Easter Chitauehitas, Christmas programs and long trip by wagon or hack to the "county seat", for court week or old settlers picnics. Musicals, when the gifted played for the rest of us, dances for the more bold when fiddles whined and banjos thumped and guitars seconded to the rest, while the Jew's harp hummed and someone beat the strings for them, and all kept time with their feet and couples whirled.
Other family name sin and around this river town were Ed and Ike Lack; "Aunt Ida" and "Aunt Ada" Miller, twins who were raised around Big Flat but married and moved near the rivers. Ada married (?)Trimble and Ida married John Winn, a Civil War veteran with grown children. Tom Winn, one of his older sons, a half-brother to Claude Winn, died recently at the age of 93 years, 6 months, and 25 days.
Other Winn relatives were Bob Winn and children, Hobby, Daws, and Ralph, besides his daughters, whose names I cannot recall. Other citizens on the Buffalo River up to Big Creek crossing, and there were other crossings from the mouth to that one, (the Goodman Ford; Byrd Ford; Trimble Ford; Cow Rock Ford; Spring Creek Ford; Wood Cock Ford; Leatherwood Creek Ford, etc.); were W. L. Isom; C. H. Boyd; L.N. Smith (Mr. H. Smith's great great grandfather); William Cooley; L. I. Rose (Who had the first water mill on Cedar Creek); Charles Jackson; William McNabb; W. N. McCabe; H. F. Palenski; J. M. Dixon; O. B. Peters; H. M. Richardson; J. W. Sims; Or. Little; S. W. Wood; L. J. McMahan; E. E. Adams; F. B. Saunders; John Gaven; R. H. Willett and G. F. Smith.
Cedar Creek boasted quite a number of stores, hotels, a water mill, livery barn, blacksmith shop, school, cemetery and many mines. The people I will write about somewhat more than I have already, at a future date, and tell of the changes that came around 1926, when the boom ended and Buffalo City in Marion County came to an end, as did the other towns in that area.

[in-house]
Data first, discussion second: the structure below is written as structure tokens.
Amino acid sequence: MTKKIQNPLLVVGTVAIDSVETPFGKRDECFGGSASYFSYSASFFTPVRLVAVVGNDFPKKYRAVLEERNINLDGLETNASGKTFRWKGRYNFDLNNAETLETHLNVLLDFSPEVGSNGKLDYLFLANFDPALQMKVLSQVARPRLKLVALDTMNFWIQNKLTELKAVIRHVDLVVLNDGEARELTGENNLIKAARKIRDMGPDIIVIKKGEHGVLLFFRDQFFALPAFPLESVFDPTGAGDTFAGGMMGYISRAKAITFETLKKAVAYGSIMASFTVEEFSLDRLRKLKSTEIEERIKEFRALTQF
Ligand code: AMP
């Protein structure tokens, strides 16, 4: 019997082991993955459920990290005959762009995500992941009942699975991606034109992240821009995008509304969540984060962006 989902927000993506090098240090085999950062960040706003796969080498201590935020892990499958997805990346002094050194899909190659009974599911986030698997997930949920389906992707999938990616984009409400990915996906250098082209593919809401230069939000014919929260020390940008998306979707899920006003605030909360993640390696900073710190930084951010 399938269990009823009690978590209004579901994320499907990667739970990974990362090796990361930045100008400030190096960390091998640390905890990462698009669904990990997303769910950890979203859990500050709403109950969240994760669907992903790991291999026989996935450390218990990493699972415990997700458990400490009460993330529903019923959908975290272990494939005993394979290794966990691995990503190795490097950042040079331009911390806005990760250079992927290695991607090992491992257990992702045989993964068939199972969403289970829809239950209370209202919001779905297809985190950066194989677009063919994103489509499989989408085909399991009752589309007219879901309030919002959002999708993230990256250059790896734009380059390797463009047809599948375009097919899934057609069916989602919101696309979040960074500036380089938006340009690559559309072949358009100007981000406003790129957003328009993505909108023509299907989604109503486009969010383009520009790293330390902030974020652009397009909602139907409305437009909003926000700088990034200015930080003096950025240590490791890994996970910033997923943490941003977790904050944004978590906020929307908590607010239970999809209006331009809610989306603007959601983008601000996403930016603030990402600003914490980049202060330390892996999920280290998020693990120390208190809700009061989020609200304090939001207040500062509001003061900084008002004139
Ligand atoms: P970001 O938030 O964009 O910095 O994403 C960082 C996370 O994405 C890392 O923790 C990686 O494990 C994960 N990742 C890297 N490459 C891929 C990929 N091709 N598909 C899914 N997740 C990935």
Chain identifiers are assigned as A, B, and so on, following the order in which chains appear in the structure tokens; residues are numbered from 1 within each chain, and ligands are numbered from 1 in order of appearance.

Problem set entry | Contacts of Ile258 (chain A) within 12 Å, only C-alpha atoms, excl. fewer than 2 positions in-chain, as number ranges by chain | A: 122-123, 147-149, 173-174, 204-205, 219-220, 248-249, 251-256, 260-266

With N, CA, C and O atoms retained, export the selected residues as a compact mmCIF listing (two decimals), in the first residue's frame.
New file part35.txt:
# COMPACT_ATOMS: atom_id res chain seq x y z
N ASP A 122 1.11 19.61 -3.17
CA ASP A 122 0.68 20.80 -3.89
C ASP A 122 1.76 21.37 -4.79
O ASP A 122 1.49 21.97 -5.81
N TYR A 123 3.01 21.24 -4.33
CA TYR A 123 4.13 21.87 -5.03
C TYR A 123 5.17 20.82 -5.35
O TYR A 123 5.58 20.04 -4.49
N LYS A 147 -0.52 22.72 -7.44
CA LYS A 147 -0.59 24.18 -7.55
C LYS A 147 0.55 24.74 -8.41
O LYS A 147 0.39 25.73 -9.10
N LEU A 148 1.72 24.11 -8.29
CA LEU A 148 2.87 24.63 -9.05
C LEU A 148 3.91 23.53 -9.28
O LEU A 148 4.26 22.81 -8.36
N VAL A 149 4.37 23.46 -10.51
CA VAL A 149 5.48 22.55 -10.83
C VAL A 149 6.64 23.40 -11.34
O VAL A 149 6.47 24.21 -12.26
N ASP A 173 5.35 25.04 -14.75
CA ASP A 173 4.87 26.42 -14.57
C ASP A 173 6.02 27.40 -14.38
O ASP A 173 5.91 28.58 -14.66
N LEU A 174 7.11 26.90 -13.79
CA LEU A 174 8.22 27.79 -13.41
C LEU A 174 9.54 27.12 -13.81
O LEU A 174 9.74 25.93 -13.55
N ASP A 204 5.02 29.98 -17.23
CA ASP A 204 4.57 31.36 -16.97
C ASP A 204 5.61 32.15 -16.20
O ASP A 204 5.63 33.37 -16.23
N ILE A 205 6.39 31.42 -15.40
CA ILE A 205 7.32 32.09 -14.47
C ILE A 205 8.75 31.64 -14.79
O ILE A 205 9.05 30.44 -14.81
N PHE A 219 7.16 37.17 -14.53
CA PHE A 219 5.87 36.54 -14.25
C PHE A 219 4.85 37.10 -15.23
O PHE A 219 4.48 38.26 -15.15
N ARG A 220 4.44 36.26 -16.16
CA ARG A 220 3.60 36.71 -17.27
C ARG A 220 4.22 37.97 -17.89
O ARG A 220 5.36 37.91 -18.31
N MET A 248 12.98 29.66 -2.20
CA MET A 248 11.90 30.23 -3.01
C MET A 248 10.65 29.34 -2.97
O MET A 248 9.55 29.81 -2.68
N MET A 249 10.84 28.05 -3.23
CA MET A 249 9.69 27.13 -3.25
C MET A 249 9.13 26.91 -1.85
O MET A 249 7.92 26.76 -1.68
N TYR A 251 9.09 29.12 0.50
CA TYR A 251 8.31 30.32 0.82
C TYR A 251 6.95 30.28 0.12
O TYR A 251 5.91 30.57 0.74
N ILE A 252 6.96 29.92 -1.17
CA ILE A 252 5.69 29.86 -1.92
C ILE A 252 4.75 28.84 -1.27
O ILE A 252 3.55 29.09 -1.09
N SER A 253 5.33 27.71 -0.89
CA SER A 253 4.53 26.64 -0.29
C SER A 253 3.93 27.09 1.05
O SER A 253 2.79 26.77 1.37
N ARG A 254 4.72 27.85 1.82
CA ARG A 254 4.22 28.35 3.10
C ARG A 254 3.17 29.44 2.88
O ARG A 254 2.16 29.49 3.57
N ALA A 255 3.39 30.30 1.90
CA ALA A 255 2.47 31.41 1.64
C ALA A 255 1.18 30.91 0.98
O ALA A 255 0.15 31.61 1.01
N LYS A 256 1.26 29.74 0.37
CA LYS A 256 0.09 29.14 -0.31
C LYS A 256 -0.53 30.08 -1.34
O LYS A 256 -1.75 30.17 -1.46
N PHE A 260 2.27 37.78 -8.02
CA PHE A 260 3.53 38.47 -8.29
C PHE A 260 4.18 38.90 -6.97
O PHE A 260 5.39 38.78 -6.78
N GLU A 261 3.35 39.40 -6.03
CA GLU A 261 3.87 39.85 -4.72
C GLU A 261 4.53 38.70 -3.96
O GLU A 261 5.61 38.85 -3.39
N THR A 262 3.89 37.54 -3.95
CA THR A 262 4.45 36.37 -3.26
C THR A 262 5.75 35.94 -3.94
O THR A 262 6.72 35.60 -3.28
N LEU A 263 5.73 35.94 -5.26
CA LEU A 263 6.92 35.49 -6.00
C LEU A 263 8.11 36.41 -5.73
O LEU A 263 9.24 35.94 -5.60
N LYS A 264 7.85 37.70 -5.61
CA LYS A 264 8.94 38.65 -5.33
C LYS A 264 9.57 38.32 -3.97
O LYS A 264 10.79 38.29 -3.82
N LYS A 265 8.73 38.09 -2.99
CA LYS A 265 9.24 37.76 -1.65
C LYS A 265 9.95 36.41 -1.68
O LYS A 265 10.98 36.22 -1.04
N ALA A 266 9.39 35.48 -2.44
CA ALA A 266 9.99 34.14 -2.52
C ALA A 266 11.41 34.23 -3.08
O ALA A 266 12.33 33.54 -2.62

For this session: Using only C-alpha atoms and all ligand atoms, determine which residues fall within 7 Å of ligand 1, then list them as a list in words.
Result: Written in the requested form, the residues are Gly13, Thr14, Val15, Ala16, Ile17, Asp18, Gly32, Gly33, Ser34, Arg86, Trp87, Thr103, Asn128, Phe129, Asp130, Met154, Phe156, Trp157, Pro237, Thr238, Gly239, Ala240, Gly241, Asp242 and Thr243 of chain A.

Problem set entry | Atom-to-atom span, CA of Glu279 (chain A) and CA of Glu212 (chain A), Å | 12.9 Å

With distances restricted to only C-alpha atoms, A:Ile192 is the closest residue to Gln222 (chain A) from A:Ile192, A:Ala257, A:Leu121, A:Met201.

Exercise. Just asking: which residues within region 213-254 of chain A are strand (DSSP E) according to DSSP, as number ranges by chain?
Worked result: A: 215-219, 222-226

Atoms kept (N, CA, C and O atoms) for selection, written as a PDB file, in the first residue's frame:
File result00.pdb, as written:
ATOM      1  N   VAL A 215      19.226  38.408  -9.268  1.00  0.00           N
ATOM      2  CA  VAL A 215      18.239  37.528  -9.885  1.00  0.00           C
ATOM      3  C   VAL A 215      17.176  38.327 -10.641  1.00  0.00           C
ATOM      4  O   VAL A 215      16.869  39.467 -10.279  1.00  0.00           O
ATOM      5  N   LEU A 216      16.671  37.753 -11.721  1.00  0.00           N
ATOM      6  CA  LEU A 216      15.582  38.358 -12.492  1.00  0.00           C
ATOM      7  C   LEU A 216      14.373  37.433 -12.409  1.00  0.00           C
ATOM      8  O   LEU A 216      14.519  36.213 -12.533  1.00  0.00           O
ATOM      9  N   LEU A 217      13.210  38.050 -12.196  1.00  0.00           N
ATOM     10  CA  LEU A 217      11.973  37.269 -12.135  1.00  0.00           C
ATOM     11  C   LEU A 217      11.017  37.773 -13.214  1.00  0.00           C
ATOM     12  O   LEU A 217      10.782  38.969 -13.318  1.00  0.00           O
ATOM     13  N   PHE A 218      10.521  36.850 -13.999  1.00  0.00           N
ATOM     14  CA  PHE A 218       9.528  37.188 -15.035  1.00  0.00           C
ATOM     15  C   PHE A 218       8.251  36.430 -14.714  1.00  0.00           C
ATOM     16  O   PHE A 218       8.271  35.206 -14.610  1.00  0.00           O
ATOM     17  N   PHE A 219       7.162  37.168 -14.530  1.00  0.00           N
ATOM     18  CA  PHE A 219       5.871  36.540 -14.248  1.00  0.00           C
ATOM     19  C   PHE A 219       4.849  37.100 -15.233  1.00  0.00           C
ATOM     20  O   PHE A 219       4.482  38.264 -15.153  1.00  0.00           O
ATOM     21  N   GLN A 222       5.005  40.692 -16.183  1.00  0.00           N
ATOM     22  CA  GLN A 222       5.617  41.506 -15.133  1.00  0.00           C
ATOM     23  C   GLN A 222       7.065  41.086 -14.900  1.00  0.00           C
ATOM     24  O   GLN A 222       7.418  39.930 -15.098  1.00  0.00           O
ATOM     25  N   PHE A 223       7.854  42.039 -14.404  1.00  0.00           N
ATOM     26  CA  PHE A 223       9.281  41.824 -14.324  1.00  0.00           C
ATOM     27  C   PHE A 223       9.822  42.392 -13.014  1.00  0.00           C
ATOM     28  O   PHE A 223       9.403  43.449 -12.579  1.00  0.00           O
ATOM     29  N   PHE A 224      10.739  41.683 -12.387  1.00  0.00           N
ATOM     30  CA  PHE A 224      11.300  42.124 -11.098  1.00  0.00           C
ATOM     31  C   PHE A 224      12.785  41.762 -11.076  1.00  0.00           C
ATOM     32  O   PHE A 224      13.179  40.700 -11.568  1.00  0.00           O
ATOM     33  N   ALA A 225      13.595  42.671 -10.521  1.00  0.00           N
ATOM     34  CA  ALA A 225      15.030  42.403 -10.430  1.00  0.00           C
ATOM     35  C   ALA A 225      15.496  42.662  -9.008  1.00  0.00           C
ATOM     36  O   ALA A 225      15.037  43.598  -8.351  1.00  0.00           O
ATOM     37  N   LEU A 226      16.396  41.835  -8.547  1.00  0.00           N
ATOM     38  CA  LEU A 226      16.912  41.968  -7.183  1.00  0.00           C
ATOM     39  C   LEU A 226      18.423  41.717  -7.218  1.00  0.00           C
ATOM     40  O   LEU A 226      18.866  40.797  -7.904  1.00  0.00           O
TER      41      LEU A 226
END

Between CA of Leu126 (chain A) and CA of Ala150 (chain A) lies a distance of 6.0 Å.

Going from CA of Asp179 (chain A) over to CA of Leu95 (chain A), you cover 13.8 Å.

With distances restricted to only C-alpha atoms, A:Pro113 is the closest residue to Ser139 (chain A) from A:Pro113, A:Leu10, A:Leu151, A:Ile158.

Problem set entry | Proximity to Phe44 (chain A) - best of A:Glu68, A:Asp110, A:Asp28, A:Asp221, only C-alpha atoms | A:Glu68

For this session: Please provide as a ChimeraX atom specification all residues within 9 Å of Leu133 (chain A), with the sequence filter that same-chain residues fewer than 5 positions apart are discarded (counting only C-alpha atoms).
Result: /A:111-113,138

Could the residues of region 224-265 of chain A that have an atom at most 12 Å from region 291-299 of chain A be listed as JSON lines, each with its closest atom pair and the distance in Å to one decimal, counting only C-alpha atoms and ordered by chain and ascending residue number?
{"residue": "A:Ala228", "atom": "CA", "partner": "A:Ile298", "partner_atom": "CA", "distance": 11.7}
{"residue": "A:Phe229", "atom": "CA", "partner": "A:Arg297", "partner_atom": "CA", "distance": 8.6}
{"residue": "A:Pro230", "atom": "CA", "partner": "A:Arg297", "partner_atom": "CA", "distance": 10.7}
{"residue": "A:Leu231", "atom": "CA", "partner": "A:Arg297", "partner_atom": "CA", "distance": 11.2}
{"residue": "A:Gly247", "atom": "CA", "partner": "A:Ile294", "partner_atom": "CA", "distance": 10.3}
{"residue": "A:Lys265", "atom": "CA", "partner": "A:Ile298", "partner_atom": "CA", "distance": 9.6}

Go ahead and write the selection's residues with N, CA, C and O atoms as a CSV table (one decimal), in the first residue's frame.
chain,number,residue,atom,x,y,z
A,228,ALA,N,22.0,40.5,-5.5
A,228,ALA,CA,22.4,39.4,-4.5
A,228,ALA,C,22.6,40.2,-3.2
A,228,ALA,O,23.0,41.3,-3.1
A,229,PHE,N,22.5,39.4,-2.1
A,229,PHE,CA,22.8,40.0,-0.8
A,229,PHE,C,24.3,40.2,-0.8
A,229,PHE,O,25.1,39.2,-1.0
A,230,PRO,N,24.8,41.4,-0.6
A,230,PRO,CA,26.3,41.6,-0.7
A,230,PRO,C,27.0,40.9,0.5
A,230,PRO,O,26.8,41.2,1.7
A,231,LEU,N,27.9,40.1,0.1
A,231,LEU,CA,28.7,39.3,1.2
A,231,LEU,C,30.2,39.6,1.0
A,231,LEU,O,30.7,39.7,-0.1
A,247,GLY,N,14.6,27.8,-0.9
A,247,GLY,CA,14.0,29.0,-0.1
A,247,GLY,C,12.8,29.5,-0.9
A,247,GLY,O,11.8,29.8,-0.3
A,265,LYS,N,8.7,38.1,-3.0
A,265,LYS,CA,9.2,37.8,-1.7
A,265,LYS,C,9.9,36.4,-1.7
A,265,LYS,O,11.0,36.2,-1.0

It is almost dark this Monday evening and the sinking sun has spread an orange curtain over the western sky, against which the black outlines of the naked tree limbs make grotesque pictures, some with real artistic value.
This is the first day of the first deer season, but the hunters have not returned from the hill, not all of them that is. My daughter-in-law, Sue, came in at four, tired but happy after seeing one deer and two turkeys from her stand. I fed her pot roast and apple pie. Then my son came in, and then three more hunters. Two are still out, visiting no doubt, as my uncle, E. R. Hudson form Seattle, Wash., that we have not seen since 1941 sent out today with my husband to see old friends. Yesterday we went to Buffalo to see the river and the old Stair Mountain. We visited the Blie Evans, the Harvey Stevens, the Ernest Casteels, Will Casteels and Mrs. Stella Beavers. Then after eating lunch at the drive-in east of Cotter, and visiting the Arnold Hudsons, and Robert Fokes of Buford, we drove him around by Lakeview and Bull Shoals to see how the lake had helped the area to grow. He flew into Little Rock via St Louis the 5th, was met by his sister and brother in law, the E. E. Talberts from Batesville, who along with his other sister, Mrs. Leo Miksell of Batesville, brought him to Flippin, Friday evening. Other relatives here to visit him were Mr. and Mrs. Tom Hudson of Flippin, Mr. and Mrs. C. W. Crandall of Gassville, Mr. and Mrs. Charles Smith and Mr. and Mrs. Phillip Smith of Flippin. After a visit in this area he will return to Batesville for Thanksgiving, then home again. He is the only uncle my sister and I have left. It's wonderful to have him with us.
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Linda Haas Davenport